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I am sure there are a ton of people out there that will argue and say it's not setup right, but the point I want to make is this. The older trucks were never this hard to get dialed in. They were way more forgiving if weights changed. People shouldn't have to be constantly rechecking weights and measurements to make sure they are still in the sweet spot. If you pay $50K or more for a truck to tow, it should tow like a dream and be hassle free. I think it's just way to hard to get in the very tiny sweet spot now.
 

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I have seen on another thread that for 2017's and up a good idea is to get the Camper package because it gives stiffer springs and a factory tuned stabilizer bar. They say that this may help with the sway, or suck and throw on the highway above 55 mph. I have no experience myself so I don't know for sure. I do know that if I end up with a 2017 I will look for that option.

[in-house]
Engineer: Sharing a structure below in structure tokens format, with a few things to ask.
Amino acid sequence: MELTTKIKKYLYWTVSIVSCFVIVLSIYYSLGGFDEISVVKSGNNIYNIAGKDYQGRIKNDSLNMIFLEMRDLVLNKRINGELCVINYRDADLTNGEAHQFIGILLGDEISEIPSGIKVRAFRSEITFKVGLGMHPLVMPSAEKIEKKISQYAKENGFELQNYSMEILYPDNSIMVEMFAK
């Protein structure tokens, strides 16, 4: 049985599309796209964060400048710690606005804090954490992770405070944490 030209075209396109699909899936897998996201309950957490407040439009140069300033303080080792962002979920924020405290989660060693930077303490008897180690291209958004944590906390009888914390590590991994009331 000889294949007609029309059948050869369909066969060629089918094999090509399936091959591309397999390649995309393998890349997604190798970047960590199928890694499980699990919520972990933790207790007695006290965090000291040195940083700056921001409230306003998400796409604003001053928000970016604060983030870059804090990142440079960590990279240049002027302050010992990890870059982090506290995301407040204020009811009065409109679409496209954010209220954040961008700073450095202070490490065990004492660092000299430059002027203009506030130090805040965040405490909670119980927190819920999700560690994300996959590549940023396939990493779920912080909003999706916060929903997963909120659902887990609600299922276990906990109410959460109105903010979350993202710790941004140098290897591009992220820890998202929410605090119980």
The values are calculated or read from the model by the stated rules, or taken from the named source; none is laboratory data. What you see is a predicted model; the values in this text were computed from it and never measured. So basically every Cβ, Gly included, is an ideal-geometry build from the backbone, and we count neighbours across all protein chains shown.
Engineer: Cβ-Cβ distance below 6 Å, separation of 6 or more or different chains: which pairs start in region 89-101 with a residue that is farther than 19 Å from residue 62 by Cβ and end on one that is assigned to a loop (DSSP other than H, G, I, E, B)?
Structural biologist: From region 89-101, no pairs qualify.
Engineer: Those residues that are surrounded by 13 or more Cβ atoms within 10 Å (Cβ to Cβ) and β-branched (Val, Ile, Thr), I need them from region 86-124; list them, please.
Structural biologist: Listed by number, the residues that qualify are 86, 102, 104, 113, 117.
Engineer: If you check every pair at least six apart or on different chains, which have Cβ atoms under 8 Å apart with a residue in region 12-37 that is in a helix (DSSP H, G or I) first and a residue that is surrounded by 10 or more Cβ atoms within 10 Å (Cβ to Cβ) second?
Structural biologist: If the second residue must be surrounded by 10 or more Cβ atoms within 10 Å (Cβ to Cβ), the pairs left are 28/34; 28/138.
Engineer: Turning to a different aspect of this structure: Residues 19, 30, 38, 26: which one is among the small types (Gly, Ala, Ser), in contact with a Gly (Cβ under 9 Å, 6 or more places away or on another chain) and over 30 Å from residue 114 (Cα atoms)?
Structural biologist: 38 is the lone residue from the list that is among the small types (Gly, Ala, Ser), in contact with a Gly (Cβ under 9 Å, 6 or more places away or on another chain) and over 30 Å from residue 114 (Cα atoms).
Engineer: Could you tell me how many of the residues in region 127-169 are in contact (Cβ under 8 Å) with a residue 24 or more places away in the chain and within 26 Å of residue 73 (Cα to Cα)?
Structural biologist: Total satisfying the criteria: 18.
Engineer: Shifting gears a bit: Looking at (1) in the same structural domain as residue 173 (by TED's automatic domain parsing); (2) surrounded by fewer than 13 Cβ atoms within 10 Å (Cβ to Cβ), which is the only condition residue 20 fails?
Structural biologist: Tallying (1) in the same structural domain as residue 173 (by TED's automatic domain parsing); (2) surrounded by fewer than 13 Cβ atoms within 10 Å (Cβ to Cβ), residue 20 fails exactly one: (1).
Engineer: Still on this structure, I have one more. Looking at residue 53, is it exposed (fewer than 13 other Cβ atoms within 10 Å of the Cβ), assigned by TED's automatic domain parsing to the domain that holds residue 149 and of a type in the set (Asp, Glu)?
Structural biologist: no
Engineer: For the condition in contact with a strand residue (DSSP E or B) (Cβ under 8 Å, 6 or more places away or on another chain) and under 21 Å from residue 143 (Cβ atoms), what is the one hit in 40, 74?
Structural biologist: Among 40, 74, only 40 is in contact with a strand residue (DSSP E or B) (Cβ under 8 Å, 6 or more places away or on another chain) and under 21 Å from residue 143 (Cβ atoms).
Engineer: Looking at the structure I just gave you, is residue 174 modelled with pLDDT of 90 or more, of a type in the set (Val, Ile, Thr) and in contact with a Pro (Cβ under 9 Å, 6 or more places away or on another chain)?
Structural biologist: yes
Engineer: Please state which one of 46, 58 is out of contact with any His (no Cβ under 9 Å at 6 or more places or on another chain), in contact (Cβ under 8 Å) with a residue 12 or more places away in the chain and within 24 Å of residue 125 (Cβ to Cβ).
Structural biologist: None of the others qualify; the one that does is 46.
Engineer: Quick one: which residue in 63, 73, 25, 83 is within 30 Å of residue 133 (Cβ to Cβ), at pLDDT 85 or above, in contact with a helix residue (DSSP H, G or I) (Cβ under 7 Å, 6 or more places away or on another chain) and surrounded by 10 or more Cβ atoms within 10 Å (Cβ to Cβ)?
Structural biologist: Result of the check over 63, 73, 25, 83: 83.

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This could also be that the suspension on the trailer needs some bushings in the springs. The trailer shouldn't sway. Maybe you are looking in the wrong spot. Another thing are the hitches supposed to tow that much weight? I get the weight distribution hitch thing but that doesn't take any weight away from the trailer. I get it some trucks may tow your trailer great but not all trucks are the same. I am not sure its the truck that more like the tail wagging the dog.
If your truck sags with a load than you need air bags. You could get stiffer springs but it would hurt ride quality. With air bags you can soften the ride a little and level the truck. I have a 5th wheel and hooked up my 15 F250 would sag. Got the air bags and trailer tows like a dream. I know it's not the same but sag is still sag. You want everything to be as level as you can get it for towing. I wouldn't ever tow without air bags.
I also recommend the onboard compressor. I travel a lot with my truck and trailer. I sure got tired of airing the bags up and down at every stop. (cross country trip)
Good luck and keep us posted